Are you a new postgraduate researcher at the University of Birmingham? Do you feel a bit daunted at the thought of starting this new adventure? If so, fear not. Lucky for you the University of Birmingham has lots of resources to help you. Here are a few tips to start you off on the right foot! Continue reading “Welcome to the University of Birmingham!”

Rewards from Getting Out of Your Comfort Zone

In this post, Walaipun Puengpipattrakul, a PGR in CAL, shares some of her academic and personal development experiences during her PhD study, both part-time/distant learning and full-time on-campus.

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Faculty of Arts Buildings, Chulalongkorn University, Bangkok.  Photo credit: Peerawat.b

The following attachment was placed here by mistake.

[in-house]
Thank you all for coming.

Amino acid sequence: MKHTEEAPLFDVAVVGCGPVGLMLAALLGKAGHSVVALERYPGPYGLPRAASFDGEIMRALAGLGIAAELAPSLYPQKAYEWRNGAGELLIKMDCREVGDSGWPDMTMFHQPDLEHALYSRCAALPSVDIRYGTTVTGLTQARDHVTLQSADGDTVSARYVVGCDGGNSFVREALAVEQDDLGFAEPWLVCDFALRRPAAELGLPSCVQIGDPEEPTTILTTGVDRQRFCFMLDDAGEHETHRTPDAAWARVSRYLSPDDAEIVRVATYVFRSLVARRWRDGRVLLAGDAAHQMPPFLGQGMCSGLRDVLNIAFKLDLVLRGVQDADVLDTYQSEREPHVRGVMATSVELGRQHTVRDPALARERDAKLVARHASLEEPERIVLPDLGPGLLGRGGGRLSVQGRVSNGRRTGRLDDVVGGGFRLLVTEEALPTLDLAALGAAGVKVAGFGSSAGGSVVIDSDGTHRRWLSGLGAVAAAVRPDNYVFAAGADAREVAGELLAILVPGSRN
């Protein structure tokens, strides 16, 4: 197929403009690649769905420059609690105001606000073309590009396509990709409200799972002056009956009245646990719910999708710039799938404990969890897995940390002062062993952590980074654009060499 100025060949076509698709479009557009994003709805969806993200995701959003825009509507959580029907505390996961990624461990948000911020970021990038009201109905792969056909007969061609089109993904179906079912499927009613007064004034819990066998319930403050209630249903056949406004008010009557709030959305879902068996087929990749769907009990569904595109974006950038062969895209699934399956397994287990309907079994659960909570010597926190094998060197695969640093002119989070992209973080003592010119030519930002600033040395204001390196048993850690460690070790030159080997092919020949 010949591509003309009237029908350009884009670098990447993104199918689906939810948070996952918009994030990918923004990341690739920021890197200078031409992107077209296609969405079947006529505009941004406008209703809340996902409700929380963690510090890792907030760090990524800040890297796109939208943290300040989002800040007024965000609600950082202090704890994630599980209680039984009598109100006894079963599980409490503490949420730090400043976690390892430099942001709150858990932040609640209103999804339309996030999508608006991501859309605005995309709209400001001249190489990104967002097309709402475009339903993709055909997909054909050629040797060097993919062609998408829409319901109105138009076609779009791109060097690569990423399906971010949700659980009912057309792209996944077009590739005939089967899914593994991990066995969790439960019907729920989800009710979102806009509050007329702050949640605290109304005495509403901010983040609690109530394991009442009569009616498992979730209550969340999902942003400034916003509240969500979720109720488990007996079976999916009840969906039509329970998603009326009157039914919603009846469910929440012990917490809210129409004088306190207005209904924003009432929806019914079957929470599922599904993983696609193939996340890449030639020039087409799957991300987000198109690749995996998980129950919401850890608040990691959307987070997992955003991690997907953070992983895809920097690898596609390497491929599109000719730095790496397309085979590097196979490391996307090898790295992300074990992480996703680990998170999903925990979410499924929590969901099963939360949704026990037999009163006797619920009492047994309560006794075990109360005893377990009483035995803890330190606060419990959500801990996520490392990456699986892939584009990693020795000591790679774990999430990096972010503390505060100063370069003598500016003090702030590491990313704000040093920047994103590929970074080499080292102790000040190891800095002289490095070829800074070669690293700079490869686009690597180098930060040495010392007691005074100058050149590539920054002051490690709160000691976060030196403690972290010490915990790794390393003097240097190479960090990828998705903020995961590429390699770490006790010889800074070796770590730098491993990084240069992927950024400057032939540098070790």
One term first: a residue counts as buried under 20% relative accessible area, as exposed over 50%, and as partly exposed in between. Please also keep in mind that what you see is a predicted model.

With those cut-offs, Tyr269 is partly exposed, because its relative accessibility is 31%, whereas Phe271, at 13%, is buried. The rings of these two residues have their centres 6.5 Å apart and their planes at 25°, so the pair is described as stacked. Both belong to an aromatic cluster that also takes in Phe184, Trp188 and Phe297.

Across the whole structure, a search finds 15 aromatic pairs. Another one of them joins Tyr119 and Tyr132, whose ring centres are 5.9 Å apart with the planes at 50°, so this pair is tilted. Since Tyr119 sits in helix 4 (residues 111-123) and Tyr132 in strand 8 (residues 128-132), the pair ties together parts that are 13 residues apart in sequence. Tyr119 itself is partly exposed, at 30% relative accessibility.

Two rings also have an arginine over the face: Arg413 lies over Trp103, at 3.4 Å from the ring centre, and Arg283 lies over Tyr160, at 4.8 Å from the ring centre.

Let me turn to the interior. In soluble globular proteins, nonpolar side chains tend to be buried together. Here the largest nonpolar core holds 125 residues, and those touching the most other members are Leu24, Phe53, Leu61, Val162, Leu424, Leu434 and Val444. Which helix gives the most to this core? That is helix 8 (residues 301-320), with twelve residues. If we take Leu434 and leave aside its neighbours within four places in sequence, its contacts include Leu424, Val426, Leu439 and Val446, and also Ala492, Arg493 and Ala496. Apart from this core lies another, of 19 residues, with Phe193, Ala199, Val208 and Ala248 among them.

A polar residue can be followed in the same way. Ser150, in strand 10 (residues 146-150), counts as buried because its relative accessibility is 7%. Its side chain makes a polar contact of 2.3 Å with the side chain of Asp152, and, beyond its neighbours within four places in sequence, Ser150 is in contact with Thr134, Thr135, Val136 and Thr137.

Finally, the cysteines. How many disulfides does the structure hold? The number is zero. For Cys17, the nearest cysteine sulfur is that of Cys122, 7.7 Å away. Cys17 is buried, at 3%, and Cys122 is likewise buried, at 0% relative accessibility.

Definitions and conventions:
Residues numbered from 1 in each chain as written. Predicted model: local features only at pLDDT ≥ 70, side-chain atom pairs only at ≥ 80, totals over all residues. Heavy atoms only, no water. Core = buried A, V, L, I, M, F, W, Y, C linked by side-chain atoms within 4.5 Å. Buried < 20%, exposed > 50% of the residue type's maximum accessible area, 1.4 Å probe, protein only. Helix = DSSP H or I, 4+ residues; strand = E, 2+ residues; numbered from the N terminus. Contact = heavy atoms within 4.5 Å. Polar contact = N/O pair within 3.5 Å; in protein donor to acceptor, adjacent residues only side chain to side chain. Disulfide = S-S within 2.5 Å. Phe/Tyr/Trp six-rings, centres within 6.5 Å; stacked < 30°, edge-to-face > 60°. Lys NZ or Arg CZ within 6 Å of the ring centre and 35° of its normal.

Change is inevitable in life and often perceived unfavourably, since it frequently takes our lives out of our comfort zones.  I used to perceive change as previously mentioned. However, I started to alter my perception of change to be rewarding, particularly when it takes me out of my comfort zone, after a decision to pursue my PhD study here, at the University of Birmingham.  I have had a good opportunity of being back to the University campus again after my first Master’s degree from here, but this time, as both an alumnus and a PhD candidate.

I must admit that studying a PhD together with working as a full-time lecturer is a decision which took me out of my comfort zone indeed. Continue reading “Rewards from Getting Out of Your Comfort Zone”

Feedback’s coming home!

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Our helpful and honest panel of PGRs at the PGR Writing Summer School 2018. L-R: Martine, Sian, Anna, Farhan, Frankie, Tom